About a month ago, the Metropolitan Transportation Authority (MTA) increased the fare to ride a New York City subway or bus, from $2.50 to $2.75. While a quarter may not seem like a substantial increase for some, it certainly adds up, and is especially vexing for riders that claim the transit system is performing more poorly than ever. To afford the recent hike, some riders are giving up small luxuries, such as morning coffee, or “Taco Tuesdays.” No matter what riders are giving up, they are in effect being asked to pay more for worse service.
The 110-year old subway system carries approximately 6 million riders daily, yet without major infrastructure improvements the system will continue to eek along, infuriating riders that will continue to experience overcrowded trains, long delays, and limited service. One study found that weekday trains arrived late at their final stop 36% more in the 12 months ending January 2015 than in the same period the year before. Even MTA officials have admitted that service is not where it should be, with the President of NYC Transit saying that passenger experience is “miserable.”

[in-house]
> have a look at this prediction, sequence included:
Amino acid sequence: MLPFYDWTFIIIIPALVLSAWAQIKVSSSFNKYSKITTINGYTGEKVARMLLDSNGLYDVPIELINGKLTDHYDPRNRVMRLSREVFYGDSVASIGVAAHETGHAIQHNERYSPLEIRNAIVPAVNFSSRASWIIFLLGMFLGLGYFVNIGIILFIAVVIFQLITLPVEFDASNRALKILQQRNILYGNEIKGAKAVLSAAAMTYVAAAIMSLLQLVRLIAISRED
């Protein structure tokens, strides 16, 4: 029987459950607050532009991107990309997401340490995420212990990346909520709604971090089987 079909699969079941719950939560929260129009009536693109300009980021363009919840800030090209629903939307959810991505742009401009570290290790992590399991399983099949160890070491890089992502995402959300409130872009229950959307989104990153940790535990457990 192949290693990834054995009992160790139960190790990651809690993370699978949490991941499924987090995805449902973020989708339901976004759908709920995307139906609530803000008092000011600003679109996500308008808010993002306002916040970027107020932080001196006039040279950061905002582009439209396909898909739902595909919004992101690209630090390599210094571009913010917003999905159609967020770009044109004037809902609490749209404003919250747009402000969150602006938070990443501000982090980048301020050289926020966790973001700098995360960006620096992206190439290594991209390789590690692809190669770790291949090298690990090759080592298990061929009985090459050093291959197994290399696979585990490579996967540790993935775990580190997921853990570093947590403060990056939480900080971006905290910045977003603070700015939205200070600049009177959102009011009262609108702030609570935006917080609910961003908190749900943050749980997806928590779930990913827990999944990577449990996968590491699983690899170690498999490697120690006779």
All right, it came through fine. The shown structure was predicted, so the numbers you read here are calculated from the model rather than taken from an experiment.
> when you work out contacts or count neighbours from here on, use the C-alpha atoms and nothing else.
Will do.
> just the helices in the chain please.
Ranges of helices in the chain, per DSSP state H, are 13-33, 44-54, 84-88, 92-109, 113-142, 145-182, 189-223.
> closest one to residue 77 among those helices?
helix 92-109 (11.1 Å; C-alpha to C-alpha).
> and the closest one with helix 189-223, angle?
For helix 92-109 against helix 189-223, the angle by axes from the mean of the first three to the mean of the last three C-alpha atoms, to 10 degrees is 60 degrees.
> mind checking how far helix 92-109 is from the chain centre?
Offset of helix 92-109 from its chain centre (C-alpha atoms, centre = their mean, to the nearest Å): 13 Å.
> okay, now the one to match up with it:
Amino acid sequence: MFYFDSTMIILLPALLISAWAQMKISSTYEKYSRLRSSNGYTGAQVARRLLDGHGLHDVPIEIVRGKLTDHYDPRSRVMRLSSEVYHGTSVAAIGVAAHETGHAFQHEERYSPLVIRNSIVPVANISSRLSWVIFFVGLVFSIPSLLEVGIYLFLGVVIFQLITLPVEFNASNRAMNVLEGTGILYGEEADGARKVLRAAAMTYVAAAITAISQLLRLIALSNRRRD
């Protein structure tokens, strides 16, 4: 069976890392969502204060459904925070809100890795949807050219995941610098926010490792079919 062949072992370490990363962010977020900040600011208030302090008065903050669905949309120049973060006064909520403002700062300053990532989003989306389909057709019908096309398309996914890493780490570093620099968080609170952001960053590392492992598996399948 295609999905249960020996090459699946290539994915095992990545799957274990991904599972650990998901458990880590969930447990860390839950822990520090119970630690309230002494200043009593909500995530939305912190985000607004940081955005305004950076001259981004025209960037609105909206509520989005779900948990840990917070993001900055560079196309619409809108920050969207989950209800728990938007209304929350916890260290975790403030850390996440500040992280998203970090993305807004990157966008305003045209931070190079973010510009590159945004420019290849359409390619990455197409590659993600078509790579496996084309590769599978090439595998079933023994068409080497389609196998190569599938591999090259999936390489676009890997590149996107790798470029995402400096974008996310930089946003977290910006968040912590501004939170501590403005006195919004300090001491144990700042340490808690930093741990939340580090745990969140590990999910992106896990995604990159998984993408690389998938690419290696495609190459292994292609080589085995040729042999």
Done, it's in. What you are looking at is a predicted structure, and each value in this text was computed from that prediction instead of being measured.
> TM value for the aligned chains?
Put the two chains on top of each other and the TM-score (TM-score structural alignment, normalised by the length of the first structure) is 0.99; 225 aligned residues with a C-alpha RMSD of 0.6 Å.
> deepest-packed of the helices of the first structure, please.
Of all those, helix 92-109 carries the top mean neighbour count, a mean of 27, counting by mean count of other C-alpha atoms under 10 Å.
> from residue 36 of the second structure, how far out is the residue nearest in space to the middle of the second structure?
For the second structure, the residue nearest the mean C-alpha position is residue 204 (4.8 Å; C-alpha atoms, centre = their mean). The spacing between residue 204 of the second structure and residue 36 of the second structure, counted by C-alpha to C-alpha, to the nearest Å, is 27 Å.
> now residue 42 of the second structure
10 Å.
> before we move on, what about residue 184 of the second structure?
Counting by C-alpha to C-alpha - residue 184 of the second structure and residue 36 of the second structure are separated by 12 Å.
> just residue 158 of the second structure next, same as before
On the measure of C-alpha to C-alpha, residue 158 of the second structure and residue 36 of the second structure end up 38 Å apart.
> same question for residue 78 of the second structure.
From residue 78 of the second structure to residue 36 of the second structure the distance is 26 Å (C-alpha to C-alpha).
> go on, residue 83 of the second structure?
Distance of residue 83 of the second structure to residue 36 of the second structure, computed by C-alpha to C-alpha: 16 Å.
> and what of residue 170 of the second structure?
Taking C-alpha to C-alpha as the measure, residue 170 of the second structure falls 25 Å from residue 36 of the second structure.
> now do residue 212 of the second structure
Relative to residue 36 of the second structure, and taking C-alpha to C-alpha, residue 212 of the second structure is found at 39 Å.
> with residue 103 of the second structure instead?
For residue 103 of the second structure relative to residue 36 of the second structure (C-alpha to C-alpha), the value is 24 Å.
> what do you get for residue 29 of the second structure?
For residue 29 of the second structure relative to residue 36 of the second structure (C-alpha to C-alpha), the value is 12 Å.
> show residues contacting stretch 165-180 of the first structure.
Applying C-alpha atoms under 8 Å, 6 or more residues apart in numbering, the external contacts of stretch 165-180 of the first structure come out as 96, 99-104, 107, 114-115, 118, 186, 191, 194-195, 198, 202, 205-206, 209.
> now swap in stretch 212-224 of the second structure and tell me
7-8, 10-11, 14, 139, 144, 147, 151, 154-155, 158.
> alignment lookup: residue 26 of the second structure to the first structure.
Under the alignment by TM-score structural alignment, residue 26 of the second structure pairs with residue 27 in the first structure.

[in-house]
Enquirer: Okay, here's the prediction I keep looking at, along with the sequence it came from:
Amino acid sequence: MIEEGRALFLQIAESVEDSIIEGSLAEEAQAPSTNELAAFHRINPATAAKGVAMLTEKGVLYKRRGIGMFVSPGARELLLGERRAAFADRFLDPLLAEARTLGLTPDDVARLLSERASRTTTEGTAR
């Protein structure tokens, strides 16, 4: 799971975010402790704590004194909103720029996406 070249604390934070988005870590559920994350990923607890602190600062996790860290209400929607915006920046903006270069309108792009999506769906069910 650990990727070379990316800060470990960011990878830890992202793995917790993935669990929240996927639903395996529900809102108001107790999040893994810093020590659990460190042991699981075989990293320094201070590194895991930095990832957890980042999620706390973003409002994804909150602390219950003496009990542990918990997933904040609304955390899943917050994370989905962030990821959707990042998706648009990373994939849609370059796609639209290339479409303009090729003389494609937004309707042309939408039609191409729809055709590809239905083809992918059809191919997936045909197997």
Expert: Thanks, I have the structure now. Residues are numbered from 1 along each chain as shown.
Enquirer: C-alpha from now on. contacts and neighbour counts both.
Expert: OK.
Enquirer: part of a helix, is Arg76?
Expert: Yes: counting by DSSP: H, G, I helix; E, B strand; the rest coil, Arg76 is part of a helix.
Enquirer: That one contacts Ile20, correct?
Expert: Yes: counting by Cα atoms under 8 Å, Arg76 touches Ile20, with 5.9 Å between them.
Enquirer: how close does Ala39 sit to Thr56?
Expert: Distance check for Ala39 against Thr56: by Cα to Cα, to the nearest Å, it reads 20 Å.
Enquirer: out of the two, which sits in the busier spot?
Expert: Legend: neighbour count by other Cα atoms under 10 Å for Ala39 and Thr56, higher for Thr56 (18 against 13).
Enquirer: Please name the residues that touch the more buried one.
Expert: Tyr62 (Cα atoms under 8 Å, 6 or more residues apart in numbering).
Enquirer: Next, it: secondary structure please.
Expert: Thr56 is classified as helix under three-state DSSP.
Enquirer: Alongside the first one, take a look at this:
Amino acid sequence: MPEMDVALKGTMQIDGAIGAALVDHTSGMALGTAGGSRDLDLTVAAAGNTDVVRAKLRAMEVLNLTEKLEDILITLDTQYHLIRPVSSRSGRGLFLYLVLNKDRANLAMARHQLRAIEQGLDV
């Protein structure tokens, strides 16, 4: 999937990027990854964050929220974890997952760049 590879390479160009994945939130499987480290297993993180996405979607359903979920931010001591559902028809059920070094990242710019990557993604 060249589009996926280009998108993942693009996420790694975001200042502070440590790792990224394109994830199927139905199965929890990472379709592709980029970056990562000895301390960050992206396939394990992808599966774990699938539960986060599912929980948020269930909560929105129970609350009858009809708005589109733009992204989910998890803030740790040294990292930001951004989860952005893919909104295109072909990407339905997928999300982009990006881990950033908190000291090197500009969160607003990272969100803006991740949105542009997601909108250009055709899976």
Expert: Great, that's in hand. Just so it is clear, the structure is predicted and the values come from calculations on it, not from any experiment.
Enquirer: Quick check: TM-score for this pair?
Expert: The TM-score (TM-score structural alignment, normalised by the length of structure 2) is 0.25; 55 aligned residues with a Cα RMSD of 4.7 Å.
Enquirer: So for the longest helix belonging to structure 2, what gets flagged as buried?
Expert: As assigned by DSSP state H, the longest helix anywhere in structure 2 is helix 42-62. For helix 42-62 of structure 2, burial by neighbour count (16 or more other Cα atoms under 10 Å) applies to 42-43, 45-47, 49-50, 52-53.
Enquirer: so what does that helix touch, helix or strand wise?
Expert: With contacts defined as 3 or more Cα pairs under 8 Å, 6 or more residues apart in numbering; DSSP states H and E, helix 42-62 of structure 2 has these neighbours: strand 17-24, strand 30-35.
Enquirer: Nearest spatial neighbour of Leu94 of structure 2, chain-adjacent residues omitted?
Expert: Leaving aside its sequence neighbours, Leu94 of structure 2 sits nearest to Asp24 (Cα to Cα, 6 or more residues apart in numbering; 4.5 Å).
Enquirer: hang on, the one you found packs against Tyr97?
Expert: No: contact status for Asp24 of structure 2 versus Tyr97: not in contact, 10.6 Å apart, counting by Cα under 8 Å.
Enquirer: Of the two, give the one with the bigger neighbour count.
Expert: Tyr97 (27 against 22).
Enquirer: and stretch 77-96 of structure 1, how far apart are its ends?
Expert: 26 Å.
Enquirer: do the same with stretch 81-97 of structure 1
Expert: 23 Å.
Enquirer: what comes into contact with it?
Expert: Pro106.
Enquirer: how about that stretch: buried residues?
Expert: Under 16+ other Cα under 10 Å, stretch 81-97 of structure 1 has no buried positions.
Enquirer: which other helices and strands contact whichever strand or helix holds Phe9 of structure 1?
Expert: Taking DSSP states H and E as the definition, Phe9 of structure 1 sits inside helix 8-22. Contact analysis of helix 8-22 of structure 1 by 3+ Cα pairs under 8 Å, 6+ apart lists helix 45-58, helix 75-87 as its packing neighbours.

The MTA’s capital plan to improve the system calls for $32 billion over 5 years, but only $17 billion has been budgeted, leaving a gap of $15 billion. And while the increasing fares help stem the fiscal drain, the fact remains that riding the subway is heavily subsidized, with fares making up only 40% of operating revenue.
New York is not alone in the increasing need to address its public transit system – DC, San Francisco, and Chicago must find the political will to allocate money for capital improvement projects for their systems, all of which are facing more riders and worse service.